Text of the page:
My Sister, The Serial Killer by Oyinkan Braithwaite was recommended to me by a Grade 8 student! If the title doesn’t grab you, I don’t know what will. And, what a delightful romp it was. Amazon says: “Korede has long been in love with a kind, handsome doctor at the hospital where she works. She dreams of the day when he will realize that she’s exactly what he needs. But when he asks Korede for Ayoola’s phone number, she must reckon with what her sister has become and how far she’s willing to go to protect her. Sharp as nails and full of deadpan wit, Oyinkan Braithwaite’s deliciously deadly debut is as fun as it is frightening.” It was a quick read and fun, though I didn’t feel that the ending was entirely resolved for me. However, I would recommend it.
Sea Wife by Amity Gaige is an absolute delight. I kept thinking it was a memoir, because it felt so real, but it was a wonderful novel. On the surface, it is about a family who abandons their suburban life to spent a year at sea. But, it’s so much more than that. Jennifer Egan writes, “Sea Wife is a gripping tale of survival at sea—but that’s just the beginning. Amity Gaige also manages, before she’s done, to probe the underpinnings of romantic love, marriage, literary ambition, political inclinations in the Trump age, parenthood, and finally, the nature of survival itself in our broken world. Gaige is thrillingly talented, and her novel enchants.” I was surprised by how much I really enjoyed this story and I highly recommend it.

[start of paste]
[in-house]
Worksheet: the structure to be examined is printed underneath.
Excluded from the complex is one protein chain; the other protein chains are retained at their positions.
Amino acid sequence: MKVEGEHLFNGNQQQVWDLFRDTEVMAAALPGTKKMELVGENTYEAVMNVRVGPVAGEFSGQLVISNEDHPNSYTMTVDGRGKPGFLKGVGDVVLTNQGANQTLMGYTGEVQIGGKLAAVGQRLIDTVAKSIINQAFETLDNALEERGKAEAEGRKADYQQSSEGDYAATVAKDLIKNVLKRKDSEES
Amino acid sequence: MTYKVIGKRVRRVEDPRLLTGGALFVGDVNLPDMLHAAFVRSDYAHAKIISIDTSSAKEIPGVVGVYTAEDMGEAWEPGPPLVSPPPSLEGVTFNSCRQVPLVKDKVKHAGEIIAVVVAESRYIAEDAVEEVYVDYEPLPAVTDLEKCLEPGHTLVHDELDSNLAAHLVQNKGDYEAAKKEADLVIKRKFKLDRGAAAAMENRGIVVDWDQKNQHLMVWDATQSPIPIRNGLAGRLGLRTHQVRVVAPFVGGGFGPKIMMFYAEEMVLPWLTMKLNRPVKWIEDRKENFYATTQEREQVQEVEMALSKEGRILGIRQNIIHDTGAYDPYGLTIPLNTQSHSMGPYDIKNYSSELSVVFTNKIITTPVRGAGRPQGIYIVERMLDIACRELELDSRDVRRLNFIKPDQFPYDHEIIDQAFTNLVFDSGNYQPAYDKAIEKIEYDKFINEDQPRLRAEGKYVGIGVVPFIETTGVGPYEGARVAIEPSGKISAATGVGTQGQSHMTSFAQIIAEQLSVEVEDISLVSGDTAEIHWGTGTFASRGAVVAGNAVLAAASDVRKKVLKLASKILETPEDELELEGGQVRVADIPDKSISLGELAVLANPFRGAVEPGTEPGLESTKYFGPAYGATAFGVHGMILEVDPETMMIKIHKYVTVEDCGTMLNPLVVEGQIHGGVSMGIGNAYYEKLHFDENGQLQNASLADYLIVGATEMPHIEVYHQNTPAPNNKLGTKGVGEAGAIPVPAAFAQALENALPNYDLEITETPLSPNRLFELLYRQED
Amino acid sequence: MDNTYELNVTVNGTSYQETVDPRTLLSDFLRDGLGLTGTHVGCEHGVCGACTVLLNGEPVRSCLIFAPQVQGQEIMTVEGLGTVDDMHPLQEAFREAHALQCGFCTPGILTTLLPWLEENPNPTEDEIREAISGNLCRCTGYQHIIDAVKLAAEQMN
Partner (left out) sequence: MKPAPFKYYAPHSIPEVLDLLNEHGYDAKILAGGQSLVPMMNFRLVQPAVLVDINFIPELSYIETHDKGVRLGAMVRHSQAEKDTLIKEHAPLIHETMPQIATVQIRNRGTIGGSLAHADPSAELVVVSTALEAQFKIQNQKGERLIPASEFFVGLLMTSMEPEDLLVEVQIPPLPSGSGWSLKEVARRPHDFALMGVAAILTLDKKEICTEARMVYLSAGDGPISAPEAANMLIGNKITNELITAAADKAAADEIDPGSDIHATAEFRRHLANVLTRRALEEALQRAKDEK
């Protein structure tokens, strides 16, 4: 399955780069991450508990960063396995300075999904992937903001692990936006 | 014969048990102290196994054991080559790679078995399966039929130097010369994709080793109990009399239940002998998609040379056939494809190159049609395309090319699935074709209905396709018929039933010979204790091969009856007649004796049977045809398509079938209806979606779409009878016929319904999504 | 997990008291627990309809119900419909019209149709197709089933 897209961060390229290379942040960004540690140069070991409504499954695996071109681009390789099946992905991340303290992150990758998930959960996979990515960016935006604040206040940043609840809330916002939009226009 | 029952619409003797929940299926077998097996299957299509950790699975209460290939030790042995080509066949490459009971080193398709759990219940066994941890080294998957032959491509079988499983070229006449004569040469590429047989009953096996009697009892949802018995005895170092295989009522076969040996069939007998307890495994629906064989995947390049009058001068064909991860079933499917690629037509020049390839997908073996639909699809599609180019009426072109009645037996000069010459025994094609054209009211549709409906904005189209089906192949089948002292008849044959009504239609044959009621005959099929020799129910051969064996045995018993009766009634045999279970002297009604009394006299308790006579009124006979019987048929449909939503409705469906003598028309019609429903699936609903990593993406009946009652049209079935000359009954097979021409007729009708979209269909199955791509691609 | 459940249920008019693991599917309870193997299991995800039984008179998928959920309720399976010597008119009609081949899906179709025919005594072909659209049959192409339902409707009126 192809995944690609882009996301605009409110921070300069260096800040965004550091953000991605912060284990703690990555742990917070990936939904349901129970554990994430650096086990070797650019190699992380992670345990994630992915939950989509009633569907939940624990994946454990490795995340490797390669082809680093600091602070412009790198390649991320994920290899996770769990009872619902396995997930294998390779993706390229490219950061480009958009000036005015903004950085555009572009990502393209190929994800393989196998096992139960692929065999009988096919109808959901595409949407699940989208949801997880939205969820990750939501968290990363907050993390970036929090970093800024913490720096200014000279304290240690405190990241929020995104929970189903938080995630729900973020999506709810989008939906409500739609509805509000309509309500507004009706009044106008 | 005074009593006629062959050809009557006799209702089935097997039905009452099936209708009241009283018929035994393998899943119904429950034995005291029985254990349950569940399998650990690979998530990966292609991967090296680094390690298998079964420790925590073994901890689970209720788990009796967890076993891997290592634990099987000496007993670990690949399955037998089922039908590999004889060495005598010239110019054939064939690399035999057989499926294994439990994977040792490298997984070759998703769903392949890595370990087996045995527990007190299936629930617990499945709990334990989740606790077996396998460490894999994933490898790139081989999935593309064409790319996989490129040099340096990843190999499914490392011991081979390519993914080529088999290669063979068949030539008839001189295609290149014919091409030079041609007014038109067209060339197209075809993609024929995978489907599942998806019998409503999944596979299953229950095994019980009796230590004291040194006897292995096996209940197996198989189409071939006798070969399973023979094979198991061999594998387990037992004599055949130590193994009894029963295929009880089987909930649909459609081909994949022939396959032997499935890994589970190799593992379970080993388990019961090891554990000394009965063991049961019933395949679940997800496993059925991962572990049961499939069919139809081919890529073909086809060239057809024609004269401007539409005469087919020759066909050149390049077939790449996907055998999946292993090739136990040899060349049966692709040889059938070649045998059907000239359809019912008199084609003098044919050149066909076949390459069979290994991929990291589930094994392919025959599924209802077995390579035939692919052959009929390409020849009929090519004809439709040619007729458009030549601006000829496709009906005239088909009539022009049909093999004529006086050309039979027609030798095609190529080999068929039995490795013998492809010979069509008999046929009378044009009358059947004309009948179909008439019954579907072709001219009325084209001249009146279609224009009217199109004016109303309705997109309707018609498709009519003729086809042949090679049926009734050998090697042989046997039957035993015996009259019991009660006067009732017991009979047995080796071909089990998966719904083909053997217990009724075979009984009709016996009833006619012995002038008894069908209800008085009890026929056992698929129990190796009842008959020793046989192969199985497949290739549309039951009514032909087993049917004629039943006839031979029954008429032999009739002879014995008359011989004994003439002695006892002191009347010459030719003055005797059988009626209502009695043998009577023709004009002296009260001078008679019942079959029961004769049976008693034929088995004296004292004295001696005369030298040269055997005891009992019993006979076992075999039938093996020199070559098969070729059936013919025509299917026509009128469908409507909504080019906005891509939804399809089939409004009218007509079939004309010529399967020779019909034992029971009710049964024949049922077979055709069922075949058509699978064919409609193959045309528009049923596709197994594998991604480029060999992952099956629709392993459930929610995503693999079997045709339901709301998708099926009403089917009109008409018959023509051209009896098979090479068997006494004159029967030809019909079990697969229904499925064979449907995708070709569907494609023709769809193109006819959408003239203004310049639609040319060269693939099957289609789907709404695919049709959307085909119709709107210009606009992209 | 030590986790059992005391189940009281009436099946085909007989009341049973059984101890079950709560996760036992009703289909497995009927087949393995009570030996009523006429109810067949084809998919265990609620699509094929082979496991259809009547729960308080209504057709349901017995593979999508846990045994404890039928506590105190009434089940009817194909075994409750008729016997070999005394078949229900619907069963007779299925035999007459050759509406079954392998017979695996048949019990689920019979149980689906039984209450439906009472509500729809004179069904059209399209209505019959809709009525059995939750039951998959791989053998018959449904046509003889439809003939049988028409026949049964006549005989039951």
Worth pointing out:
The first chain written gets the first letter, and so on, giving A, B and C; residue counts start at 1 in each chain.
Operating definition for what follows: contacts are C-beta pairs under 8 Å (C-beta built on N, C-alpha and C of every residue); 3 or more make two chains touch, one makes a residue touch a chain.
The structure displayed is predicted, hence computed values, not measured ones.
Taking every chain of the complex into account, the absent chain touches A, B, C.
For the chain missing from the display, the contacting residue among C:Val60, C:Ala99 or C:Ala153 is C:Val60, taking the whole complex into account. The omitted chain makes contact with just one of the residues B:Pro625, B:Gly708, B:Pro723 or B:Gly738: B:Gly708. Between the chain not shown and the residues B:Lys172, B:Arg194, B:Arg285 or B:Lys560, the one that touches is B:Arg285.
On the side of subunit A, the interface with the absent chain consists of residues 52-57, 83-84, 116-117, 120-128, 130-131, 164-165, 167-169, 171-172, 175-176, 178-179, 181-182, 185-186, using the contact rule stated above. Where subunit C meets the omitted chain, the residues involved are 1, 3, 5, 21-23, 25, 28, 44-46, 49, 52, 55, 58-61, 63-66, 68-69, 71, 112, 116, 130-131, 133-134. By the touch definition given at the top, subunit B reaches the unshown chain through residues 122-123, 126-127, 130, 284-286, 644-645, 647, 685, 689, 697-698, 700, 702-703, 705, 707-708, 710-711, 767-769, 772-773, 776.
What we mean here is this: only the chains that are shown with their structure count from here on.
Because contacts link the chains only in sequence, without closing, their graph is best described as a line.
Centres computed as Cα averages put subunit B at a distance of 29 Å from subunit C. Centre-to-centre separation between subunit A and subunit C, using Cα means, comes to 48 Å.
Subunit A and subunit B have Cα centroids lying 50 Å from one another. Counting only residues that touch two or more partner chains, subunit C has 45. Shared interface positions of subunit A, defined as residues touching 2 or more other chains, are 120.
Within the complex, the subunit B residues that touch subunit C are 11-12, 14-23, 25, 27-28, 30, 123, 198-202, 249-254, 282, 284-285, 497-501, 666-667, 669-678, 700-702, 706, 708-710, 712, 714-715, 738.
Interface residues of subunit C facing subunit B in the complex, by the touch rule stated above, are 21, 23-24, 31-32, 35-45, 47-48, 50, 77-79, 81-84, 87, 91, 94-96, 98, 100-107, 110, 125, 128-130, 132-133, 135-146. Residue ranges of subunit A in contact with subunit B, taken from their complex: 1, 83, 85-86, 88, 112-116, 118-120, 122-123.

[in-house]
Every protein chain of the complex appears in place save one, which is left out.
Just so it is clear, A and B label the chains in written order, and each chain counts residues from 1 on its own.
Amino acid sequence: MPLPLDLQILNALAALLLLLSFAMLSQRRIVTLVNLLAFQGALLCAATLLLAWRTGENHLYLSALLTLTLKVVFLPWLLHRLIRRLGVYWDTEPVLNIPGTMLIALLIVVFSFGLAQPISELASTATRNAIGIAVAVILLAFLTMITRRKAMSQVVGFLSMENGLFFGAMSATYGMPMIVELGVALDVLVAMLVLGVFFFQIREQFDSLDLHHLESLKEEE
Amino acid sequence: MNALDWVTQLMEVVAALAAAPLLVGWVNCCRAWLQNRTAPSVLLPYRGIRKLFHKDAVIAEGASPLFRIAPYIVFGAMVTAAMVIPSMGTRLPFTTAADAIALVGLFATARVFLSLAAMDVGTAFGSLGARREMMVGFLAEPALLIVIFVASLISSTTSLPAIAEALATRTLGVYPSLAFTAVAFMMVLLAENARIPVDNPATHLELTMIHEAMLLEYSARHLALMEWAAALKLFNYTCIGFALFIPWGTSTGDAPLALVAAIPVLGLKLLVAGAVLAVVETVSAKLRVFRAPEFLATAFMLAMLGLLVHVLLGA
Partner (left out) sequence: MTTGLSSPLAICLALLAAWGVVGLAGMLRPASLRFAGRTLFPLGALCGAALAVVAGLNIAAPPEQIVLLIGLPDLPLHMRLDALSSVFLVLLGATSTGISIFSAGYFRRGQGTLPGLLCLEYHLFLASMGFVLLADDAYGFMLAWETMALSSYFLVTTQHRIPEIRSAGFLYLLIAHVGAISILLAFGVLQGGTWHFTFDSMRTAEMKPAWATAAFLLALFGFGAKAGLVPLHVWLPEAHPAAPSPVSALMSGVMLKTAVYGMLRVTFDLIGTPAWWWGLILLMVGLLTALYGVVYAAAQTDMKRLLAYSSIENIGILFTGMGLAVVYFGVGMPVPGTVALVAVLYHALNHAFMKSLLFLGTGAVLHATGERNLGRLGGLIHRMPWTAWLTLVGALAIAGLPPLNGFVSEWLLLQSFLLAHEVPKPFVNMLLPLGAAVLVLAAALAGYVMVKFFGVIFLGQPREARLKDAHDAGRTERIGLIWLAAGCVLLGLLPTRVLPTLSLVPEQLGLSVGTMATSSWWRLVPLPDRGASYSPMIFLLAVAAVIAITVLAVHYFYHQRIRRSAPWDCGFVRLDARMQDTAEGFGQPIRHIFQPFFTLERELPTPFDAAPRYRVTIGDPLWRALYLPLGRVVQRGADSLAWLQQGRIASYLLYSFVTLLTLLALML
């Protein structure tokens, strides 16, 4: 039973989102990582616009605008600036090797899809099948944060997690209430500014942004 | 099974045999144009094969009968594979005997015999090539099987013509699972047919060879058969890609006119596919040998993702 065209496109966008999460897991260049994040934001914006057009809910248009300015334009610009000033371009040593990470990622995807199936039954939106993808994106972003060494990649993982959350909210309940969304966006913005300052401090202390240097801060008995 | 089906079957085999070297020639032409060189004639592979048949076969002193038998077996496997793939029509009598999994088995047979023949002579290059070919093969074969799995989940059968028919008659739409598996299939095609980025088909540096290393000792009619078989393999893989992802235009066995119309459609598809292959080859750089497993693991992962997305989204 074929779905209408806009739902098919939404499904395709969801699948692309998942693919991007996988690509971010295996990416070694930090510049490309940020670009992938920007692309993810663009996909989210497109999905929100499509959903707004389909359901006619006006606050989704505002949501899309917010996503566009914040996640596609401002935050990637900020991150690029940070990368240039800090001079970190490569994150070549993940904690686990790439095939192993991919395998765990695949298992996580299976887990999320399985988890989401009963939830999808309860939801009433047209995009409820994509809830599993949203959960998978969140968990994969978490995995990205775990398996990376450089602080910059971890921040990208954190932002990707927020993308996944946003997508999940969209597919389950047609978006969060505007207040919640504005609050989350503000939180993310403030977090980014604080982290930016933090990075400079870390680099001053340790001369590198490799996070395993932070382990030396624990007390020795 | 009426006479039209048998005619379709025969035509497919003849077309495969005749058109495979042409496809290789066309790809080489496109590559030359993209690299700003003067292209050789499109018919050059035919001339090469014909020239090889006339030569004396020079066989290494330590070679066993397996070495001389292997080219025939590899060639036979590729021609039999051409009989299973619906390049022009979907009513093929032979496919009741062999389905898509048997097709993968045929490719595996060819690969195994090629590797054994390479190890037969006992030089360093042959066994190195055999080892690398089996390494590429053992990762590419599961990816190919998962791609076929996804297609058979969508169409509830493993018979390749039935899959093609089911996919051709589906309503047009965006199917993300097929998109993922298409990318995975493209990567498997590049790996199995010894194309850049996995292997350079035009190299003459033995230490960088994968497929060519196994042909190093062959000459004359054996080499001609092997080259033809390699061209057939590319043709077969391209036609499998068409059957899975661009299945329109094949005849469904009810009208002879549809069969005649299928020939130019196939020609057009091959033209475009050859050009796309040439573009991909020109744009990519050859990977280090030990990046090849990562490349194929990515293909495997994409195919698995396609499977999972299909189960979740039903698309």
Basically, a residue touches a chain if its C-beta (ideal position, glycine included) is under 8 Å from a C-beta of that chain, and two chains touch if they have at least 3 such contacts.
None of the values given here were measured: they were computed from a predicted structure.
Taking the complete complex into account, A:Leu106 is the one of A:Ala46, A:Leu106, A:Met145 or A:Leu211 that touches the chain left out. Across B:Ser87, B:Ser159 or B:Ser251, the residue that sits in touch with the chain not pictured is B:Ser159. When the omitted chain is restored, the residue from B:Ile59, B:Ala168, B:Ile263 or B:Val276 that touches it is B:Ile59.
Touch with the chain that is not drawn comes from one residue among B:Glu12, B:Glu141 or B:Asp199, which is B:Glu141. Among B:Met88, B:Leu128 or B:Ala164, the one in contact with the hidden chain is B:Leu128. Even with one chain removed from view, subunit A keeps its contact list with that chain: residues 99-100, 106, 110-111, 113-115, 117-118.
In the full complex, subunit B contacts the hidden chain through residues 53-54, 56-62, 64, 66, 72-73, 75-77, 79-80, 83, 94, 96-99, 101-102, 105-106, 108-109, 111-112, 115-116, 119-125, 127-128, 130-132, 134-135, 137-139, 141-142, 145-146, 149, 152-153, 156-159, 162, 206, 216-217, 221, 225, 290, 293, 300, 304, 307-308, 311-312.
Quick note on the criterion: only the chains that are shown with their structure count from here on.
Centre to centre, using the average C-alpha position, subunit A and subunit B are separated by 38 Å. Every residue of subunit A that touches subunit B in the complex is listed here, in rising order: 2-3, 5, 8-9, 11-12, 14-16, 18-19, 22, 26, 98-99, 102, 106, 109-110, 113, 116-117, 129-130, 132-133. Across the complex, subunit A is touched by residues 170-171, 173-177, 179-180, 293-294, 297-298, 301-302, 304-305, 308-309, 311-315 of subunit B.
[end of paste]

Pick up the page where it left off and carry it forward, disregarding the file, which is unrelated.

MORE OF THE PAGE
The Last Flight by Julie Clark was a recommendation of Gayle Weiswasser (Everyday I Write the Book). It’s a thriller about two women who need to find new lives. They switch places right before they are supposed to board planes to different destinations. In alternating chapters we learn about both the present experience and the days leading up to the plane trips. It was a heart-pounding ride. Nothing deep here, but a good read.
I loved The Warmth of Other Suns, by Isabel Wilkerson and was eager to read her summer release, Caste. She ropes you in during the introduction by talking about that famous Nazi shot where one guy (August Landmesser – I never knew his name) stands alone, not saluting Hitler. She urges us all to be that guy. While the topic is challenging, and the reading difficult, Wilkerson weaves stories together to tell the history of race in this country in a way that is fascinating, heartbreaking, and ultimately, like reading a novel. She has a true gift. The thoughtful and guided way she compares castes in India, the Nazi regime, and race/class issues in America made so much sense. Even so, I didn’t love this as much as I loved The Warmth of Other Suns (which would have been hard to top), but it is well worth a read. The back half picked up steam and was more interesting to me than the first.
Hieroglyphics by Jill McCorkle was beautifully written, but not for me. The story didn’t move along at a good enough clip and I found myself wishing for it to end from pretty early on. It’s told in four voices and is ultimately mostly about Lil.